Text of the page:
Based on a novel by Terry Pratchett, adapted by Mark Ravenhill
RNT Olivier Theatre
Melly Still showed her talent as director/designer with a wondrous vision for Jamila Gavin's Coram Boy on the same stage four Christmases ago. That was the start of a tradition that has subsequently seen the National Theatre welcome adaptations of His Dark Materials and War Horse, the latter still playing at the New London.
She works similar magic with Nation, a novel directed at youthful readers by popular fantasy writer Terry Pratchett, re-worked for the stage by that reformed darling of the In-Yer-Face generation, Mark Ravenhill, who does at least occasionally allow his wicked sense of humour to peek out.
The parable of colonial conquest has echoes of The Tempest, as shipwrecked visitors a century and a half ago are washed up on assorted South Sea Islands and divide along class lines.
An aristocratic father desperately seeks his lost daughter, while she goes native in a tribe of "noble savages" led by a well-muscled man-boy, whose community has been lost to a scarily realised tsunami. This young couple periodically save the Nation and each other before an ending that is overly-romantic to the extent that it could draw tears from the unwary.
Pratchett uses this underlying plot to consider the theme of parallel worlds where our dreams and nightmares can be explored before ultimately, we must return to grown up reality.
This production owes a vast amount to Miss Still's clever design concept, aided by Mark Friend. The action takes place on the top 10% of a globe. Behind it are three offset screens, through which characters can ascend to the stars or join dolphins and sharks in the vasty deep.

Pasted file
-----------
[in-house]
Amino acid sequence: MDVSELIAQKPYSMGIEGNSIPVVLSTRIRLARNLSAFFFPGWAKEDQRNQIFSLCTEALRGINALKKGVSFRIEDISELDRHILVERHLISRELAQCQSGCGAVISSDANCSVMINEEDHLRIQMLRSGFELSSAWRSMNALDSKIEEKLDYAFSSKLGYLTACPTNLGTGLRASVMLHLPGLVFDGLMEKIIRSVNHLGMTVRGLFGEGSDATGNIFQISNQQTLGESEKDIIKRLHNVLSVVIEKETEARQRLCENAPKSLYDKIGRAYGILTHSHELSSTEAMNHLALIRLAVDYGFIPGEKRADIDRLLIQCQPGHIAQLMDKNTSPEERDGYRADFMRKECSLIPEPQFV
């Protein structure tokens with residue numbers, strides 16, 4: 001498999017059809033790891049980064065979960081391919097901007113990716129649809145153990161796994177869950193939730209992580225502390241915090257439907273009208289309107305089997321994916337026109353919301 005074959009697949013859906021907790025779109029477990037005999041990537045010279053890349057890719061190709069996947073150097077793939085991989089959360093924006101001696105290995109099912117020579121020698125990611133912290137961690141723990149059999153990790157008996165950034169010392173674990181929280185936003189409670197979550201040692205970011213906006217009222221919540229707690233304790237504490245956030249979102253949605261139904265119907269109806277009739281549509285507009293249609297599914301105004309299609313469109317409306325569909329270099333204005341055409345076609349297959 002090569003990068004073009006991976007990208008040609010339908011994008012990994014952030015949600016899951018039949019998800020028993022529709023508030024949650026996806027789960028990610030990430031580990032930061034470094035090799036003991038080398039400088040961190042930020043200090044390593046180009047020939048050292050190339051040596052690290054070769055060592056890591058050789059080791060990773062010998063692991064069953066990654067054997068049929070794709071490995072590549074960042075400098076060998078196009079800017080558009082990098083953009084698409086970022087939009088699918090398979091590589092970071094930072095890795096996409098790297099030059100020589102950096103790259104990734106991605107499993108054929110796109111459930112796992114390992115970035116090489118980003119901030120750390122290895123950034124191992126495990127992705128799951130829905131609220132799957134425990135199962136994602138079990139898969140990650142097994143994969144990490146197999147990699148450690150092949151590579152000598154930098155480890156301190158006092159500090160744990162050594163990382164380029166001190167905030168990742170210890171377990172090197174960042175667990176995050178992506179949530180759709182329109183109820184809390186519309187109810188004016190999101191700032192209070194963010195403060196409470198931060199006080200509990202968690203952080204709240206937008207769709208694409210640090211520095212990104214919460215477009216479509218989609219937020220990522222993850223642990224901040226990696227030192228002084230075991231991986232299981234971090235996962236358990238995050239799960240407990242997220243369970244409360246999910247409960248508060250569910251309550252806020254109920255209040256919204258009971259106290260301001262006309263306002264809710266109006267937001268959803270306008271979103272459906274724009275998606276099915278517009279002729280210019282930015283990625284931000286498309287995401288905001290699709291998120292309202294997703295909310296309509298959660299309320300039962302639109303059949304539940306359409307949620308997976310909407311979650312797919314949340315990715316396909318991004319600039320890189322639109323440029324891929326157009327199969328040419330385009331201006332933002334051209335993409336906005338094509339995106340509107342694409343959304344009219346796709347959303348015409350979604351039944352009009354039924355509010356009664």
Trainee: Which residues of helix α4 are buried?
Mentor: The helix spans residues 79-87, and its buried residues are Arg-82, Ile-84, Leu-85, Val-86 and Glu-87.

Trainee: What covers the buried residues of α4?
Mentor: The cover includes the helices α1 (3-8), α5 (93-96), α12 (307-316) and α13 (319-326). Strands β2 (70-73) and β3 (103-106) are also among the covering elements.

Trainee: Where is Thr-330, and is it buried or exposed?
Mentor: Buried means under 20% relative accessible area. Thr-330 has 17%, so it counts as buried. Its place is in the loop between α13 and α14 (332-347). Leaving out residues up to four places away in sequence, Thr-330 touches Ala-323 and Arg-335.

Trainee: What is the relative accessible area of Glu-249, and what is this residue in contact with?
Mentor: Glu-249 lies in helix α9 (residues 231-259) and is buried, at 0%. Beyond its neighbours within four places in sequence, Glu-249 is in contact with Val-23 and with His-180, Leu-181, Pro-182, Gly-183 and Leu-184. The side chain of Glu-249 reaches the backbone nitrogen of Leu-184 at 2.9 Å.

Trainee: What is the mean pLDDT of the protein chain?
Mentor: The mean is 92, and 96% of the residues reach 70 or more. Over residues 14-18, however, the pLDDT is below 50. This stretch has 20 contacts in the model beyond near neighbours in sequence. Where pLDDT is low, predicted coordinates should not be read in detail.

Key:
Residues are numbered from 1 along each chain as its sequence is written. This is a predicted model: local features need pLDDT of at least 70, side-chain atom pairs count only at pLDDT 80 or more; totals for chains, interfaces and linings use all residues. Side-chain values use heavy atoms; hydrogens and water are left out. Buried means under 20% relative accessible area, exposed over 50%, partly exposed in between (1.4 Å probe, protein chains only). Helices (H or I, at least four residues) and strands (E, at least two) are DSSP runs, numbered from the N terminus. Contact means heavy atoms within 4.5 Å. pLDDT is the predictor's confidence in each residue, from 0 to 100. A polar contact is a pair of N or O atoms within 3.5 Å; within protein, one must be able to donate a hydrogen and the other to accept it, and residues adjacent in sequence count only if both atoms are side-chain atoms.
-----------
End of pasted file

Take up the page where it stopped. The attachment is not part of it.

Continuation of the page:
Again and again, she creates unforgettable images whether it is articulated Grandfather birds, computer generated images or just singing, dancing natives filled with innocent exuberance and songs some of which sound uncannily like early Rice/Lloyd Webber.
It is hard on the leading actors but Jason Thorpe playing Milton, a naughty parrot, steals the show. Not only is his movement close to perfect but this excellent actor's comic timing gets a laugh every time.
He complements two talented young actors. Gary Carr makes a good fist of mixing innocence with growing experience as Mau, the teen chief who has greatness thrust upon him, while Emily Taafe plays his plucky British counterpart, 13 year old castaway Ermintrude Fanshaw, who inexplicably prefers Daphne to her given name.
The young couple endure a series of adventures from childbirth through an Orphean visit to the underworld and a battle with Paul Chahidi's crazed former butler Cox who suffers from an unfortunate grudge and is one of numerous embodiments of Locaha or death.
By the end, they have both come of age in time for what should be a happy ending but turns out to be bittersweet, as the pair have to choose between duty and love.
The script probably includes a few too many random ideas, which allows the drama to lose focus on occasion and may confuse younger audience members. Overall though, it will grip all fans of adventure stories and should prove to be yet another seasonal success for the National.
Reviewer: Philip Fisher